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4 Time Winner

Weight Vs. Volume Measurement Video


As you know, baking is about precision and accuracy and that's why I've always been an advocate of weight measurements. As you've probably noticed, all the recipes on joyofbaking.com give both volume and weight measurements. For example if a recipe calls for all purpose flour, it is written "1 cup (130 grams) all purpose flour". The reason I write recipes in this way is that depending on where you live you may use volume (cup) measurements or you may weigh (grams) your ingredients.

I believe the reason home bakers in the United States haven't adopted weight measurements is because digital scales were once hard to find and if you could find one, they were expensive. This is not the case any longer. Today you can find digital scales on line or in most stores that sell kitchen equipment. And what is amazing is that some brands of digital scales sell for less than twenty dollars. That's about the same price as a good set of stainless steel measuring cups.

Professionals seldom measure their ingredients by volume (cups). They usually prefer measuring by weight, and there are many reasons for this. Baking is not like cooking where you can add a little extra of this ingredient or leave out that ingredient. Baking is all about precision and accuracy so that you can achieve consistent results. And there are so many variables when baking - your ingredients, how you measure your ingredients, the mixing technique, your pans, temperature and humidity, and your oven. Some of these variables are hard to control, but you can control accuracy by weighing ingredients. Unfortunately this is not always true when measuring by volume (cups), especially with dry ingredients. One excellent example is flour. If you "dip" the measuring cup into the flour bag you will get a different amount of flour than if you "spoon" the flour into your measuring cup. This is because flour tends to compact with transportation and storage and there is also the problem of humidity affecting its' density (volume). However, neither of these things will affect the weight of flour. Because a 130 grams of flour is always 130 grams of flour. 

Weighing ingredients is about accuracy, but it's also makes things quicker and easier. A scale is so simple to use. All you need to do is  'zero' your scale, place the ingredient on the scale, and you're done. You can even weigh one ingredient after another, in the same bowl, by just "zeroing" your scale. No need to worry anymore about whether you should "dip" or "spoon" your flour into your measuring cup.

Lastly, you may wonder why I use 'grams' (metric) instead of 'ounces' when I live in the United States where metric is not used. The reason is 'gram' measurements are so much easier to work with. You can scale a recipe up or down with little effort. But the major reason is because the word "ounce" can refer to both volume (capacity) and weight (mass). There are 'weight' ounces and there are 'fluid' ounces. For example, you can have 4 ounces of flour (weight) and 4 fluid ounces of milk (volume). Totally different things. And speaking of the metric system. Another question often asked is why does 1 cup of flour weigh 130 grams while 1 cup of granulated white sugar weighs 200 grams, when they are both 1 cup measurements? The answer is easily explained when you think about 1 cup of feathers and 1 cup of rocks. Everyone knows these two things don't weigh the same amount even though they have the same volume. The same holds true for ingredients as density, therefore weight, does vary from ingredient to ingredient.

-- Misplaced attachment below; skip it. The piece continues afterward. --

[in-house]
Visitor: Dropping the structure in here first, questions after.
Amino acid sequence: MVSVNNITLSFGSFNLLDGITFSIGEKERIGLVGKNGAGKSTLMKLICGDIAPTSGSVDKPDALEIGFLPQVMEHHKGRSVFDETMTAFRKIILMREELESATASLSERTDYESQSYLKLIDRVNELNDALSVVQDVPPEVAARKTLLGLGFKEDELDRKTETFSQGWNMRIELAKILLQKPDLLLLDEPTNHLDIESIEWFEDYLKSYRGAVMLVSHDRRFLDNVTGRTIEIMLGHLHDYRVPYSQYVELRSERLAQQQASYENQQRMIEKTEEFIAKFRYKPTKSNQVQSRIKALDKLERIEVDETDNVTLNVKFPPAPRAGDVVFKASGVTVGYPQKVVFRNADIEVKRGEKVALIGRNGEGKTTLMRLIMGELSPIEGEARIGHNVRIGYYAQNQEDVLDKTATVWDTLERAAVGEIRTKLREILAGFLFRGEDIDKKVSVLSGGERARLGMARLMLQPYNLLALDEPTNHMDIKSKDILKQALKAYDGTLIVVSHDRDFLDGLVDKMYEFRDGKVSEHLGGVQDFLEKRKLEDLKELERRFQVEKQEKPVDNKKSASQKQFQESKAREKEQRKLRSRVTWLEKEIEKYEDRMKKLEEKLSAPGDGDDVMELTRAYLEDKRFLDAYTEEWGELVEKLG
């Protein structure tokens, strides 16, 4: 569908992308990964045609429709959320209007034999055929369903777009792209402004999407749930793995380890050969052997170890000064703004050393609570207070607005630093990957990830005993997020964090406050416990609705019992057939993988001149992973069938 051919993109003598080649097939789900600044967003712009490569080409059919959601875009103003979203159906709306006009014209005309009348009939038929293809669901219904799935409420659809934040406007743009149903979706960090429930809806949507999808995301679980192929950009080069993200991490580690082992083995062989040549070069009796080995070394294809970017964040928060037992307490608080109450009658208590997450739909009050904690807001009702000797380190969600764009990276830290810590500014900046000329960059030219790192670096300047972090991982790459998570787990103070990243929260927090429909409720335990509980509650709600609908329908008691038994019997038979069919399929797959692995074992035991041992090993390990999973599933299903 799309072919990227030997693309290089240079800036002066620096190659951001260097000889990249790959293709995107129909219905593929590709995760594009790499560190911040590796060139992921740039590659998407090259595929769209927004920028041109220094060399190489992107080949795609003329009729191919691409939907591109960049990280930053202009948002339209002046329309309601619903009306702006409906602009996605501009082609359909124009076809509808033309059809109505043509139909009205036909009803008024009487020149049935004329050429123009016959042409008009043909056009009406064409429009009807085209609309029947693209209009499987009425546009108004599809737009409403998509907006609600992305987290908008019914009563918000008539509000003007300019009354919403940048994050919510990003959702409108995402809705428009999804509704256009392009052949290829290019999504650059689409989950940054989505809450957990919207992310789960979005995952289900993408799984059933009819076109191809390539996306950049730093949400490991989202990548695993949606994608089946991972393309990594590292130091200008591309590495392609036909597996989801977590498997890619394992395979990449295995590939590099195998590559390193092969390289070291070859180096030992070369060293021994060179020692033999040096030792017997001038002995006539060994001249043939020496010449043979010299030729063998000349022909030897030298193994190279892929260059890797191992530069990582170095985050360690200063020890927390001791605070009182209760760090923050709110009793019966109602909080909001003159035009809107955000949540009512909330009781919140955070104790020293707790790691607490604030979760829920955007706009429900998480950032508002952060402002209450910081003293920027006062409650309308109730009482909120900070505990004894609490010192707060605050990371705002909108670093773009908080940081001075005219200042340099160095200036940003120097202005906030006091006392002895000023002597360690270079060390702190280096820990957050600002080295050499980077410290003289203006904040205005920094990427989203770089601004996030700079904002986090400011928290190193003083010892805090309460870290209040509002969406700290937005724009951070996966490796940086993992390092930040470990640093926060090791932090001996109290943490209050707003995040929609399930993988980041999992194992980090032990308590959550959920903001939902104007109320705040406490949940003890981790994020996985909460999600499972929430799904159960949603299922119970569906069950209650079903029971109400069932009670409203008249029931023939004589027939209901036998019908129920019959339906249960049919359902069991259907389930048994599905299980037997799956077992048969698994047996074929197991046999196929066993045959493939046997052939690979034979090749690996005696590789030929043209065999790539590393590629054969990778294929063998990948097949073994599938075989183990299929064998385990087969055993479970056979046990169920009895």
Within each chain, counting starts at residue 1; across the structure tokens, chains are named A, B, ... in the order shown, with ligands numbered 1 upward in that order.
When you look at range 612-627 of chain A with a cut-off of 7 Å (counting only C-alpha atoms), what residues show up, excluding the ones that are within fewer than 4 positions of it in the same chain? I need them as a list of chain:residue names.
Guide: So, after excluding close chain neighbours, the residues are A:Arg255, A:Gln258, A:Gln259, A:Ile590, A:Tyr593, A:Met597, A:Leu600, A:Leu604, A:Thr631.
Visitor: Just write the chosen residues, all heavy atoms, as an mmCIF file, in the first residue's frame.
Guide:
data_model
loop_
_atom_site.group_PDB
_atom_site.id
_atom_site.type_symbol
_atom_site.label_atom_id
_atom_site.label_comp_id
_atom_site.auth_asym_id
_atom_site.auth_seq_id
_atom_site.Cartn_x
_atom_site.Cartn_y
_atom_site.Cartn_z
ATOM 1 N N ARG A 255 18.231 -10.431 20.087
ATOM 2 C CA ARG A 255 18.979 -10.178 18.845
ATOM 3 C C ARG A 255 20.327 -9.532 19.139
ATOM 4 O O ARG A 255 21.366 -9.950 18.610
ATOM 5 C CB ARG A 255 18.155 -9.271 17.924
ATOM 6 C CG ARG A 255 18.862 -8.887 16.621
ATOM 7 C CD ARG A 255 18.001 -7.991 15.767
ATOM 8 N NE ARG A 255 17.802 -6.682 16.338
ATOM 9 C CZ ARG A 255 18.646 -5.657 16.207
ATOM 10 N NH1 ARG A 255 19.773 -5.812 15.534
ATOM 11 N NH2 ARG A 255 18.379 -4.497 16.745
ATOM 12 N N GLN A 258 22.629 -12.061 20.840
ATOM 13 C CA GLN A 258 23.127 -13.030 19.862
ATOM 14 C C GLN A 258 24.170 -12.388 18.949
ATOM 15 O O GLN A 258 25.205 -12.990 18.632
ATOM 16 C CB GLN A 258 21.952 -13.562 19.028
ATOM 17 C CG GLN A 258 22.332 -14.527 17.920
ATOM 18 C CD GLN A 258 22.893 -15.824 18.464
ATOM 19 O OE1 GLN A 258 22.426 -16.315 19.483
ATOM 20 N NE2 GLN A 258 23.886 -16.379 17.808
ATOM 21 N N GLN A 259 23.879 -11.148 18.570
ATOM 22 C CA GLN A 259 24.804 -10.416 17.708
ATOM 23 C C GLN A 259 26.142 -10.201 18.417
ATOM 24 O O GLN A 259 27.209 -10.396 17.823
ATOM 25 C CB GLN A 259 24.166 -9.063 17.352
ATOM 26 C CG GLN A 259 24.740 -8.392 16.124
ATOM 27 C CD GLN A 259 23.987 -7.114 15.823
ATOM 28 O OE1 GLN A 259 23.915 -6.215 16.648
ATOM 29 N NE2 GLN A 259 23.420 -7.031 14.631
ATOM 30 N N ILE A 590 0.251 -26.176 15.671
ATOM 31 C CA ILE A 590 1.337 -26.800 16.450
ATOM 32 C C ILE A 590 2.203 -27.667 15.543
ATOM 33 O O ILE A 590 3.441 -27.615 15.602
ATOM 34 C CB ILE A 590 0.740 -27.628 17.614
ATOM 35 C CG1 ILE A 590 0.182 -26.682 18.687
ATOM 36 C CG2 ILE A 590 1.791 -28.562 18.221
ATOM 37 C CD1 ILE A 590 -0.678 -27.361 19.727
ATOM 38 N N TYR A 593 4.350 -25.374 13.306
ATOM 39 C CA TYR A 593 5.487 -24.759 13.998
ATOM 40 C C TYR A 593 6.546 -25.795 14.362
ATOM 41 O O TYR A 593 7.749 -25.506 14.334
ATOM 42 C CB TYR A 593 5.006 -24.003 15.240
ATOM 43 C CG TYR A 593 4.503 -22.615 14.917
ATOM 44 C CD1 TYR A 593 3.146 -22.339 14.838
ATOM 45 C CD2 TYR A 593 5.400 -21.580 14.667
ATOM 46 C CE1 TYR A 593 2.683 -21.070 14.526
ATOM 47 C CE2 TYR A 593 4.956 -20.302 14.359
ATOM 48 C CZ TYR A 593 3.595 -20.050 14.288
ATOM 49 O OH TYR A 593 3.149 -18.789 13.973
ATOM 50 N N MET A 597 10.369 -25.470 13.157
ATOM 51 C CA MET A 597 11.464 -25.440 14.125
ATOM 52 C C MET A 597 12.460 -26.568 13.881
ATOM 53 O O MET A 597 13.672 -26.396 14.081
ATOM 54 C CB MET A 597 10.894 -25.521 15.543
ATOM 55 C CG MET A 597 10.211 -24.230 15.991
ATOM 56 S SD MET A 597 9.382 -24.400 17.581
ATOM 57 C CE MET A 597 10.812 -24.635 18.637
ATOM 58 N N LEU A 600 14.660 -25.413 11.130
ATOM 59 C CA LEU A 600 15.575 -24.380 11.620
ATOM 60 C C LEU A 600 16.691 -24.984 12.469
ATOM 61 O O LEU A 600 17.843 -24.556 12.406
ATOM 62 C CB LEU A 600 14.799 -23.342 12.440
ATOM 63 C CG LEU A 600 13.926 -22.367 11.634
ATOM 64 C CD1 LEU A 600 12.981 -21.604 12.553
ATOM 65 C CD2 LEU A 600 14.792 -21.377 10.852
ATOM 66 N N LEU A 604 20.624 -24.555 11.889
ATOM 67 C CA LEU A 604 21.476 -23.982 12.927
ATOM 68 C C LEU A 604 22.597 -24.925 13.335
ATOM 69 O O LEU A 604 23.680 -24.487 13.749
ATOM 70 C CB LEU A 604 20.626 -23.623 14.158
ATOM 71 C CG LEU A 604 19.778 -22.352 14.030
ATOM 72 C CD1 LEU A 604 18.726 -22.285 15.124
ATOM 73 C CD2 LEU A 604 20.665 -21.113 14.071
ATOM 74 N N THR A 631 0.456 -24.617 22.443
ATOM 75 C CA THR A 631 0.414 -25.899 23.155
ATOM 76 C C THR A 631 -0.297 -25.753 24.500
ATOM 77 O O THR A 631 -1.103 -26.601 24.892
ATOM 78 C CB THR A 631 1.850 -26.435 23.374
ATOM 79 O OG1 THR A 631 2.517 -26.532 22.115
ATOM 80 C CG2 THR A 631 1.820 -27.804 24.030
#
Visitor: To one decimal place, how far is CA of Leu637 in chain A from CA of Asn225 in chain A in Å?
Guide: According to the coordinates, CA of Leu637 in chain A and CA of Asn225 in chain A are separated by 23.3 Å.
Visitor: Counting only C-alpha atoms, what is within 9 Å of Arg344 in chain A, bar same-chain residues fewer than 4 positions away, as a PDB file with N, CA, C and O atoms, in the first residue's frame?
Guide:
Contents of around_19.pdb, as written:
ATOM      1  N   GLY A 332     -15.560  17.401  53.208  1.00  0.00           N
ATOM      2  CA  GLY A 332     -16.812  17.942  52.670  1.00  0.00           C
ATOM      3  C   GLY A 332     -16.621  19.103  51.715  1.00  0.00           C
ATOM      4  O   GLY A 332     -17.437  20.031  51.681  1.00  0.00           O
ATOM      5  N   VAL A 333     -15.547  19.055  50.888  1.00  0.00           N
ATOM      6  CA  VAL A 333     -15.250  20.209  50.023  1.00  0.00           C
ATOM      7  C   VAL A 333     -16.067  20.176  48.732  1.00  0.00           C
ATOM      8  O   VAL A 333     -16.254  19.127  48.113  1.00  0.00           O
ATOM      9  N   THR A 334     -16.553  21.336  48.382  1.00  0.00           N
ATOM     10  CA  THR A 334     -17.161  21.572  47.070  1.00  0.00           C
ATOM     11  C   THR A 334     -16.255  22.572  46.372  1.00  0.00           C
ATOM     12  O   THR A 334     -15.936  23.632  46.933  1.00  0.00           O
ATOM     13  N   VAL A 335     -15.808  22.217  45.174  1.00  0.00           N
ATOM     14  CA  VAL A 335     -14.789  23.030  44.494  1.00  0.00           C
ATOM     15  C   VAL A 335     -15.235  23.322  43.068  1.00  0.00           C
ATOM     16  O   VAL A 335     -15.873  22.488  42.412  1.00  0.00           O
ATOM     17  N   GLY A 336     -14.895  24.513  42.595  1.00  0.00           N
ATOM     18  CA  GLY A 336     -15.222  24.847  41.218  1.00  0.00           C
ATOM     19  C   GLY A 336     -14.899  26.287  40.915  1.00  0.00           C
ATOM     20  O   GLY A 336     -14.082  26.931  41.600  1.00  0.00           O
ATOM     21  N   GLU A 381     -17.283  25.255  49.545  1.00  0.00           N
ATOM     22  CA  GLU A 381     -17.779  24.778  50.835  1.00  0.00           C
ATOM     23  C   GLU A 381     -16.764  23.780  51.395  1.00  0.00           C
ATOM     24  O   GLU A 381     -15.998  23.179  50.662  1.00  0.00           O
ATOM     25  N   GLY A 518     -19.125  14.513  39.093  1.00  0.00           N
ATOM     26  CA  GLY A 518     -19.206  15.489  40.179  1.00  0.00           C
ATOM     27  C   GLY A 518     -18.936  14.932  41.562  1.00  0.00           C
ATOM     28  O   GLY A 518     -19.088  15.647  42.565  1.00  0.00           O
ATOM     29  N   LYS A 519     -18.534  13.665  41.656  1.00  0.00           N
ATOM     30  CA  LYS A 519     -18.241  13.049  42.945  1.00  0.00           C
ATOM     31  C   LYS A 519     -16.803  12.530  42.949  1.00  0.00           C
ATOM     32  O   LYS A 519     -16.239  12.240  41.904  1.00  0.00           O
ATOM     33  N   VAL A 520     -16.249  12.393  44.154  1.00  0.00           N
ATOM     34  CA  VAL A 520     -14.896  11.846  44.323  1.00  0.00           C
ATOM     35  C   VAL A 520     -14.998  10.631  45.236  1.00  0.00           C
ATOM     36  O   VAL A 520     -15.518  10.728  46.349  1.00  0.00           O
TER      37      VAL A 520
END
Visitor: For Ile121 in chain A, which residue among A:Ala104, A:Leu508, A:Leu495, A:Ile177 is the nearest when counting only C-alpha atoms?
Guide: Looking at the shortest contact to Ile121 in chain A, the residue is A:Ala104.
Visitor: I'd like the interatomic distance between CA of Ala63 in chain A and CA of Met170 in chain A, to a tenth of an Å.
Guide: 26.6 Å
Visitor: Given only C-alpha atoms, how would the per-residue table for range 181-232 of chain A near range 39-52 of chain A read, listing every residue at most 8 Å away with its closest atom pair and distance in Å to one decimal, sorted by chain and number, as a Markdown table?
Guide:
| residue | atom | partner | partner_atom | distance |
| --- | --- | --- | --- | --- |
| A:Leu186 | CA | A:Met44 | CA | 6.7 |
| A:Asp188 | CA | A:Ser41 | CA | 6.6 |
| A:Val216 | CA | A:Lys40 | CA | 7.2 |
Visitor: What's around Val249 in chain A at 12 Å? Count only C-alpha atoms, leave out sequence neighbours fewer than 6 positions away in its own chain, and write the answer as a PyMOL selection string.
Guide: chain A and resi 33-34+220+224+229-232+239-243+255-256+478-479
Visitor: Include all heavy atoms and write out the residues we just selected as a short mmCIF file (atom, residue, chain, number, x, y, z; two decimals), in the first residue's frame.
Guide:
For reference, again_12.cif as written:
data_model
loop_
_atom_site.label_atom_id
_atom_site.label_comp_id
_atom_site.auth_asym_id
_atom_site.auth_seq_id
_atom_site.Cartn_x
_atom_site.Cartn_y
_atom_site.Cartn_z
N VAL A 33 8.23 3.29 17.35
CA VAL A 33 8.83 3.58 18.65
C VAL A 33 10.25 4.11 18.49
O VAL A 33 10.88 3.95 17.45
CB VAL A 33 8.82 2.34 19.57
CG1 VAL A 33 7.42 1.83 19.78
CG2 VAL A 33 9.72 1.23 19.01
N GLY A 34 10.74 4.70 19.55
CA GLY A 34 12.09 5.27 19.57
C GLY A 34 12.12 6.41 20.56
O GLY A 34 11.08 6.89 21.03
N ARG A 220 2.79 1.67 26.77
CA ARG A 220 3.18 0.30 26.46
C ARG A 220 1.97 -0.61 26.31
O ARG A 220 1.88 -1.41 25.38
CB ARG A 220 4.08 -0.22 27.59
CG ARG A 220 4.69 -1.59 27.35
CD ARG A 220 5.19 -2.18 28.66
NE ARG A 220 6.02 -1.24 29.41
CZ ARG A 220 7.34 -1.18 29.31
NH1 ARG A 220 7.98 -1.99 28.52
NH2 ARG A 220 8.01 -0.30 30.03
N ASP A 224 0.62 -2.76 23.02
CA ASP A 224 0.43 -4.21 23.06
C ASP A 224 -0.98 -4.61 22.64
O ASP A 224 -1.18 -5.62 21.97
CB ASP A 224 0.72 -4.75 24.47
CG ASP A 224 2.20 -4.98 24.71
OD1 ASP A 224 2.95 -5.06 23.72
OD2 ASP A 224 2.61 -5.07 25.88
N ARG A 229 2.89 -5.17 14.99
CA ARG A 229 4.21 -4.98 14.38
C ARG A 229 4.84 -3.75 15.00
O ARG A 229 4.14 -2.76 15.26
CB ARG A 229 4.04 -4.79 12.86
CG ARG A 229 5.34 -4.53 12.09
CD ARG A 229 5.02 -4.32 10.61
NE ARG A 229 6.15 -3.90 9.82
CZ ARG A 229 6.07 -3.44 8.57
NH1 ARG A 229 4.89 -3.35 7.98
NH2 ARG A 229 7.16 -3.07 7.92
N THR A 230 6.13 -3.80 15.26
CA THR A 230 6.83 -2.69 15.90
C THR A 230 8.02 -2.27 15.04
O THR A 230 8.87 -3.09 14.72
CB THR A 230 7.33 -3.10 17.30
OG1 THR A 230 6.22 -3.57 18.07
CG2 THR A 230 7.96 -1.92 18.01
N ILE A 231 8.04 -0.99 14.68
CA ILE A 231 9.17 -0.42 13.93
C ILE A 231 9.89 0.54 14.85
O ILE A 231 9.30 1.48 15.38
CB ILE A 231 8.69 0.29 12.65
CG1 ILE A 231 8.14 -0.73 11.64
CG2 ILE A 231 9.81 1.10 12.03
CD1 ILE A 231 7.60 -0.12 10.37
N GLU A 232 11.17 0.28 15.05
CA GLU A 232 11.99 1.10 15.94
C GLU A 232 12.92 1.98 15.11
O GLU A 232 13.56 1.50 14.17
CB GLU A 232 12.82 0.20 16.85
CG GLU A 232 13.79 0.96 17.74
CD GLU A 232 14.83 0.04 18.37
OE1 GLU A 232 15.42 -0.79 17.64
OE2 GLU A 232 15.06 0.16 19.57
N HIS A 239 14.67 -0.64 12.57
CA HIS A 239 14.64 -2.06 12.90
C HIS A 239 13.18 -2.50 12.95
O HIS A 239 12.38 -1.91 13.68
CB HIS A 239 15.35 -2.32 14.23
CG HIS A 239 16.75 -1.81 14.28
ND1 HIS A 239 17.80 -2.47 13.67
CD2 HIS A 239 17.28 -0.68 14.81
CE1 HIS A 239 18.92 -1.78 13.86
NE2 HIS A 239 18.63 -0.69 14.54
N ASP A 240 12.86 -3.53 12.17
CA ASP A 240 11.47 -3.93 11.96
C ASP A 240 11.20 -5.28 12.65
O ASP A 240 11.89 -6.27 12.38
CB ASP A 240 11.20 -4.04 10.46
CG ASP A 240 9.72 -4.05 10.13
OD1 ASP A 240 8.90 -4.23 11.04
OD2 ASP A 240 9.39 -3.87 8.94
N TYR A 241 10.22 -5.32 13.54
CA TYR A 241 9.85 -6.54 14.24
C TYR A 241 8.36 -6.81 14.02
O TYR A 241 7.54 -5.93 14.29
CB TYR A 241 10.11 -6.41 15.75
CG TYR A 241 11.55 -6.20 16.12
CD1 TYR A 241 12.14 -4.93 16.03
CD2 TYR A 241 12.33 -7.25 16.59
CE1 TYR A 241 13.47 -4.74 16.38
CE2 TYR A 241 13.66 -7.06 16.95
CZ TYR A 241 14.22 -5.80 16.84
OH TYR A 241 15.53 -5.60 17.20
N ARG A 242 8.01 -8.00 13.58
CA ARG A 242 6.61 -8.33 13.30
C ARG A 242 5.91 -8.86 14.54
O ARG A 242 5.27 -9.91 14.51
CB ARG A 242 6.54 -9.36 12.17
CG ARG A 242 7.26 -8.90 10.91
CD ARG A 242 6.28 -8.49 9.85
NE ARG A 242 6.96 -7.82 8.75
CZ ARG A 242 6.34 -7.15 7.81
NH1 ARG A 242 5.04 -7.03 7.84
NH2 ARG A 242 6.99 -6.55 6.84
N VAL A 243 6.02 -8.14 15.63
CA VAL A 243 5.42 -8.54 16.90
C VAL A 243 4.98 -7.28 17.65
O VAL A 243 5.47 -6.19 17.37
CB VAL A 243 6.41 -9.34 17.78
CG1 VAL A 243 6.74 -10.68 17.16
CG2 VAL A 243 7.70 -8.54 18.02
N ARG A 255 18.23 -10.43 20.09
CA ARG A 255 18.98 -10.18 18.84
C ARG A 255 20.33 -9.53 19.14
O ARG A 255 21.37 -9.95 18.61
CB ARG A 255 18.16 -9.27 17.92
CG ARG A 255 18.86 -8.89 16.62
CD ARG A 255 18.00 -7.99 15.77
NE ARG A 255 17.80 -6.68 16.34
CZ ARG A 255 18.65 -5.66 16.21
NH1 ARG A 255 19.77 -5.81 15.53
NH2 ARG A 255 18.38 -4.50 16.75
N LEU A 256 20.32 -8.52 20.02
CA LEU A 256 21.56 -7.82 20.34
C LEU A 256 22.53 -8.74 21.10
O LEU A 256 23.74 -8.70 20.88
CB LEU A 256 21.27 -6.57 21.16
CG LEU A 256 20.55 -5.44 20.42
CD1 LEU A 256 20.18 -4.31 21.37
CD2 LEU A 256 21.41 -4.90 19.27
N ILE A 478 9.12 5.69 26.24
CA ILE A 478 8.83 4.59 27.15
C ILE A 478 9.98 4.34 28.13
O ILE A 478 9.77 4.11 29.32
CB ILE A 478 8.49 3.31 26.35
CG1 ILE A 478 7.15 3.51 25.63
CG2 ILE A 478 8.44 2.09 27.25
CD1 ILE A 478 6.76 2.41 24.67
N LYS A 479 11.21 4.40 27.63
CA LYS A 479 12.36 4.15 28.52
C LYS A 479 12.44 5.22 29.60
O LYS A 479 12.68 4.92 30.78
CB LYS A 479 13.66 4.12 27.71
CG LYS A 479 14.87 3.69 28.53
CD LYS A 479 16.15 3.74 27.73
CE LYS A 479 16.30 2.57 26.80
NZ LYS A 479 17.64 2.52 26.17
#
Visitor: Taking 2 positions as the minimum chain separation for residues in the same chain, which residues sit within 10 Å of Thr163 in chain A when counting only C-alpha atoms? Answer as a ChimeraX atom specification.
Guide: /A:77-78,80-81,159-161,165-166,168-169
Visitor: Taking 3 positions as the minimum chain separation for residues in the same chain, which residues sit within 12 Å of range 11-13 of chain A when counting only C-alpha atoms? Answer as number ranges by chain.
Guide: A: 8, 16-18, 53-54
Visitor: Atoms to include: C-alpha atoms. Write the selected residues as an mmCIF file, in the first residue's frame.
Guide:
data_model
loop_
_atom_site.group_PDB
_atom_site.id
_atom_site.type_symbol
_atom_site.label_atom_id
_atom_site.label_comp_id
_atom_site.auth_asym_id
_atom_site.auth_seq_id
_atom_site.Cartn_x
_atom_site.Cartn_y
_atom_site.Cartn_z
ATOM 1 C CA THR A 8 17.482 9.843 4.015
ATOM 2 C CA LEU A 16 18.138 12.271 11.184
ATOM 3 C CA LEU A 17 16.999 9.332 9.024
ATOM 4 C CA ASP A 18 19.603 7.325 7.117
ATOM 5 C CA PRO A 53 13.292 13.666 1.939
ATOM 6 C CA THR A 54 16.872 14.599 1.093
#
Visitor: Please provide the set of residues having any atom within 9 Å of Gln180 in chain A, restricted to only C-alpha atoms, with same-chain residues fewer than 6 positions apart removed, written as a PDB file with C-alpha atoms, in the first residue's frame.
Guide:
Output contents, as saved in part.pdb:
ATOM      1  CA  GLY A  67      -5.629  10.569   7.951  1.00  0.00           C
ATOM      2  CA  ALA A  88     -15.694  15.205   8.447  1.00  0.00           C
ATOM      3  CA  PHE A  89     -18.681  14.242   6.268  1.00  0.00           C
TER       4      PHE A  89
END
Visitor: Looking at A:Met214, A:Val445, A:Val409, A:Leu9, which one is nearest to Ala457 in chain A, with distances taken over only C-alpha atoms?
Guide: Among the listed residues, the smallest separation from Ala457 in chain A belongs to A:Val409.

Hopefully you will try weighing, at least your dry ingredients. Below is a chart listing some commonly used dry ingredients with their corresponding volume and weight measurements. While this chart is by no means complete, it's a good start and feel free to add your own list of ingredients and their weights for easy reference. The weight measurements listed for each ingredient have been used to test all the recipes on the site.

Ingredient Volume to Weight Conversions

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Ingredent Volume (cups) Weight (grams)
Butter (Salted or Unsalted) 1/2 cup 

1 cup

113 grams

226 grams

Flour (All purpose or plain) 1 cup 130 grams
Flour (Cake) 1 cup 120 grams
Flour (Whole Wheat) 1 cup 130 grams
Potato Flour 1 tablespoon

1/2 cup

12 grams

80 grams

Cornstarch (Corn flour) 1 tablespoon 10 grams
Ground Almonds (Almond Meal or Flour) 1 cup 90 grams
Cornmeal 1 cup 120 grams
Sugar (Granulated White Sugar) 1 cup 200 grams
Sugar (Brown) (lightly packed) 1 cup 210 grams
Confectioners Sugar (Powdered or Icing) 1 cup 120 grams
Chocolate Chips 1 cup 170 grams
Cocoa Powder (Regular Unsweetened or Dutch Processed) (can vary by brand) 1 tablespoon

1 cup

6 grams

100 grams

Graham Cracker Crumbs 1 cup 100 grams
Old Fashioned Rolled Oats 1 cup 95 grams



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